To understand G6PD deficiency – a type of metabolic disorder – you will first need to know a little about what metabolism is and how enzymes play an essential role in it. Metabolism is a series of chemical processes through which the body uses the nutrients in food to produce the energy it needs. The body requires energy as fuel to perform its most basic functions: movement, growth, maintenance of healthy tissues, and removal of wastes. Throughout each day, metabolism involves thousands of chemical reactions that are necessary for life.
Cells produce special substances called enzymes that regulate most chemical reactions in the body. The body needs enzymes so its metabolism can function properly. A child born with a metabolic disorder usually inherits a genetic mutation – a change in a gene – that creates problems with a particular enzyme. That enzyme’s activity may change or stop completely, altering one of the metabolic pathways that take place in the body. As a result, a certain key substance, such as a carbohydrate, sugar, fat, or protein, is not processed correctly. In this way, deficient enzymes affect the body’s metabolic balance, which can lead to health problems that are sometimes serious.
What Is G6PD Deficiency?
Glucose-6-phosphate dehydrogenase , or G6PD, is just one of the many enzymes that affect cell metabolism. G6PD is produced by red blood cells and helps the body process carbohydrates, turning them into energy. Normal functioning of G6PD is also important to the body because it protects the red blood cells from the stress of oxidizing substances. These are potentially harmful byproducts that are created when certain medications are taken or when the body’s immune system is working hard to fight infection.
Normally, G6PD works to “neutralize” oxidative substances and protect cells from what is referred to as oxidative stress. Without enough normal G6PD to help red blood cells get rid of harmful oxidative substances, they can be damaged or destroyed, leading to a condition known as hemolytic anemia. In a process called hemolysis, red blood cells are destroyed prematurely, and the bone marrow (the soft, spongy part of the bone that produces new blood cells) cannot keep up with the body’s need for new cells. G6PD deficiency is often classified according to how severe a child’s hemolytic reaction is, with classes 1 and 2 being the most severe, class 3 being mild, and class 4 not causing any symptoms at all.
About 400 million people worldwide have G6PD deficiency, making it the most common inherited enzyme deficiency. In those who are born with it, either the red blood cells do not make enough of the enzyme or the G6PD produced is altered and cannot function properly.
Under normal circumstances, G6PD deficiency usually does not cause problems for most children. However, it can become a problem when children develop an illness or infection, when they take certain medications, such as pain medicines, certain antibiotics, and drugs to treat malaria, or when they are exposed to other specific substances, such as mothballs or fava beans. All of these things increase the amount of oxidative stress on the body’s red blood cells.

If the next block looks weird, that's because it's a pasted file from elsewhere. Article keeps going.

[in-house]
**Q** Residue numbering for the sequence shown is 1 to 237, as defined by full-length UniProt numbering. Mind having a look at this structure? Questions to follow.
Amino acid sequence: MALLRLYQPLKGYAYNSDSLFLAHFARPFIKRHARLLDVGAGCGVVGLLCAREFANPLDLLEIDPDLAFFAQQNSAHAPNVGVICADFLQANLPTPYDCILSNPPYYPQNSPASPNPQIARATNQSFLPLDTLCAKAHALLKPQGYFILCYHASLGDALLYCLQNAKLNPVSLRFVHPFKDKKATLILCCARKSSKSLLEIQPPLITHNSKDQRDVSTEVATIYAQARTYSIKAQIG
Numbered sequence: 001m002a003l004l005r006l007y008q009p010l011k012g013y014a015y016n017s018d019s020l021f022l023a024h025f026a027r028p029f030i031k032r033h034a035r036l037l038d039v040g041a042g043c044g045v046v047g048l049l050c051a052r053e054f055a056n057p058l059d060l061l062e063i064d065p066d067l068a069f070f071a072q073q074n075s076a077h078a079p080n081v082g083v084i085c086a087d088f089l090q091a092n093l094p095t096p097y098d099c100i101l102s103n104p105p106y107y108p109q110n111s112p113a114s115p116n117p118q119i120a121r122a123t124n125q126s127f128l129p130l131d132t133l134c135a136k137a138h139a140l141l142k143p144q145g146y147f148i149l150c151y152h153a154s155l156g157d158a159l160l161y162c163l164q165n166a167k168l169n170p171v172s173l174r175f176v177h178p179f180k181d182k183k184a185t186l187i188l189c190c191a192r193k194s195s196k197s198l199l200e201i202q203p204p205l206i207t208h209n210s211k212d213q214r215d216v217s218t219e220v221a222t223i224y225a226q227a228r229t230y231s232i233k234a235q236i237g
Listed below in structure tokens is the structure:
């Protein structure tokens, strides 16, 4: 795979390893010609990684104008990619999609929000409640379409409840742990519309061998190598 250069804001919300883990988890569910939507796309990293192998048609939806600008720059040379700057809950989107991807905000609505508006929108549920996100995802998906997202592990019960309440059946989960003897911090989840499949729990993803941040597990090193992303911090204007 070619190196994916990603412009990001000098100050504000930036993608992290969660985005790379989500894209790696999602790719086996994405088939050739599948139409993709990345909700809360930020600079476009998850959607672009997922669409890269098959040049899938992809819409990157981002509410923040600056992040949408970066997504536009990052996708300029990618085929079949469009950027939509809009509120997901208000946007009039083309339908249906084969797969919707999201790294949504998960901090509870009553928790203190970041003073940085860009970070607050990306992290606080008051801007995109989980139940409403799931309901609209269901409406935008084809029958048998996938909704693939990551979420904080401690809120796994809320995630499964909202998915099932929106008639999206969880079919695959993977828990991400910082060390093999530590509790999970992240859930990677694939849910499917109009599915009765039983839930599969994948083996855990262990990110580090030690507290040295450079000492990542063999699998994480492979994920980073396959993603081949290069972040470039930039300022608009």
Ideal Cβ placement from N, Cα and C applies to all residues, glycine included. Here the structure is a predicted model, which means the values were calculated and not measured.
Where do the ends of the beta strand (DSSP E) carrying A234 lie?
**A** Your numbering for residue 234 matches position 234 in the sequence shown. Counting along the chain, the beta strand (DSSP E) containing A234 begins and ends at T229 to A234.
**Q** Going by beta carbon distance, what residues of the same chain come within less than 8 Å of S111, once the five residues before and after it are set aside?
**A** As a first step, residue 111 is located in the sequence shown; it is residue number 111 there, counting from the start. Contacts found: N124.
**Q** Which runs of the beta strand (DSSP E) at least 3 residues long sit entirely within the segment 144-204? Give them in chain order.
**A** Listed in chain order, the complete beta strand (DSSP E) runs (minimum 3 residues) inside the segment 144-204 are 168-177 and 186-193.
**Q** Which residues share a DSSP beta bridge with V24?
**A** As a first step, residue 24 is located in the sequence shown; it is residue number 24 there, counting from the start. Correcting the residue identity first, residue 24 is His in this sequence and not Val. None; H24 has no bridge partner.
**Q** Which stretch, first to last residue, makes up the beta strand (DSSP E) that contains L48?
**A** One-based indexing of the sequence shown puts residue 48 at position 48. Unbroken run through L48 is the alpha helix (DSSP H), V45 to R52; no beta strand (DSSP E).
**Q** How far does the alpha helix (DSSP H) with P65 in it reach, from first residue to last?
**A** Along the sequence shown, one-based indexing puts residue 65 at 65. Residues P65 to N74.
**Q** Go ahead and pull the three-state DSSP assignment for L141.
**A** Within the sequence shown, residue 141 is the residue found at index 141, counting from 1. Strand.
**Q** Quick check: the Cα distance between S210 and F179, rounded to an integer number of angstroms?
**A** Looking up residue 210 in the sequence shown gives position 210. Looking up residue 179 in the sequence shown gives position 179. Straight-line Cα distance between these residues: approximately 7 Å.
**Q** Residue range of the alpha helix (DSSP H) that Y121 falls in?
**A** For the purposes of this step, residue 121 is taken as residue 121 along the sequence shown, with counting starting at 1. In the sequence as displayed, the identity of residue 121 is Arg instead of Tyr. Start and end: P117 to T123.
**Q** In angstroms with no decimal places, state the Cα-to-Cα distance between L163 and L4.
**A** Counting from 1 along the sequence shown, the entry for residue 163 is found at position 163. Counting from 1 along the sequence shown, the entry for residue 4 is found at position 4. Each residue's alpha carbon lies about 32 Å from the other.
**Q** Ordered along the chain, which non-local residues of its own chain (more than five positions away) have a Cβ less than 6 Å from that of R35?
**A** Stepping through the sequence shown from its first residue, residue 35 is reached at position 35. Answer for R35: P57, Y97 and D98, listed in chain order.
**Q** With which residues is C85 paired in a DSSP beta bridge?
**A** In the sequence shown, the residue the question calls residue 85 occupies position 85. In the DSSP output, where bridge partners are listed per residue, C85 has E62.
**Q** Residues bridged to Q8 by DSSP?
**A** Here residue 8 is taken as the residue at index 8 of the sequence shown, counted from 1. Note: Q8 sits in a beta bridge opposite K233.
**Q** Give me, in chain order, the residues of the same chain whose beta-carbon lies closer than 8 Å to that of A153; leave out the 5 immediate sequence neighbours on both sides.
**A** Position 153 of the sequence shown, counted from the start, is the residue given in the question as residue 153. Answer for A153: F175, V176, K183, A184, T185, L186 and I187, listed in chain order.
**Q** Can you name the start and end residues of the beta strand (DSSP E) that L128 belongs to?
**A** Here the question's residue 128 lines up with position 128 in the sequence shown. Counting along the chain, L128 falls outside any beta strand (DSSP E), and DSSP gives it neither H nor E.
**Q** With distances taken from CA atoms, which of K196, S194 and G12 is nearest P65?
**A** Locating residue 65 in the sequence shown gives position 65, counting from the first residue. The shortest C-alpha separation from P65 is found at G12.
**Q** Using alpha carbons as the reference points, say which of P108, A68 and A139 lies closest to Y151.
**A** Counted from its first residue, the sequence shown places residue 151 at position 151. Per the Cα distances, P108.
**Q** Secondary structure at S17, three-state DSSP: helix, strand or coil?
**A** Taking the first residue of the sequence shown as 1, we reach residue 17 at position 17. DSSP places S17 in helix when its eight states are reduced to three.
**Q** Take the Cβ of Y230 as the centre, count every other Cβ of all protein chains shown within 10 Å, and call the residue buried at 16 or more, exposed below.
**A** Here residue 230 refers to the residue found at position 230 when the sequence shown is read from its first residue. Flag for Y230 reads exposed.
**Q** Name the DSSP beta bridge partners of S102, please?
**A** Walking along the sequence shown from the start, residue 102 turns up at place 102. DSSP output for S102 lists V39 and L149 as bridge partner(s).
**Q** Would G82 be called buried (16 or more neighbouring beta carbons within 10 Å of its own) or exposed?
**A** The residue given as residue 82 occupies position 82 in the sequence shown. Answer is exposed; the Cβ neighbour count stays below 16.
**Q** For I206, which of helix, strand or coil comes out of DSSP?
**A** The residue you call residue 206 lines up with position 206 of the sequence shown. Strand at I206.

What Causes G6PD Deficiency?
G6PD deficiency is inherited, or passed along from one or both parents to a child in genes. The parent may have the condition or simply carry the gene for it. It is an X-linked, recessive condition, meaning that the gene responsible for this deficiency is on the X chromosome. This explains why many more boys than girls have G6PD deficiency: Girls have two X chromosomes, so there’s a good chance that if they inherit the mutated gene that leads to G6PD deficiency from one parent, they will not inherit it from the other, leaving one of their X chromosomes unaffected. The normal gene on the unaffected chromosome essentially balances out the defect. Because boys have only one X chromosome, the mutation on that chromosome will cause the condition.
Although the condition has been found in most groups of people, it is most common in African-American males, with as many as one in 10 in the United States affected. Many African-American females are carriers of G6PD deficiency, meaning they can pass the gene for the deficiency on to children but do not have symptoms, a few African-American women – those who inherit a faulty gene from each parent – are actually affected by the deficiency.
People of Mediterranean heritage, including Italians, Greeks, Arabs, and Sephardic Jews, are commonly affected as well. The severity of G6PD deficiency varies among these groups. The condition tends to be milder in African Americans and more severe in people of Mediterranean descent.
Why does G6PD deficiency occur more often in certain groups of people? It is known that Africa and the Mediterranean basin are high-risk areas for the infectious disease malaria. Researchers have found evidence that the parasite that causes this disease does not survive well in G6PD-deficient cells. So they believe that the deficiency may have developed as a protection against malaria.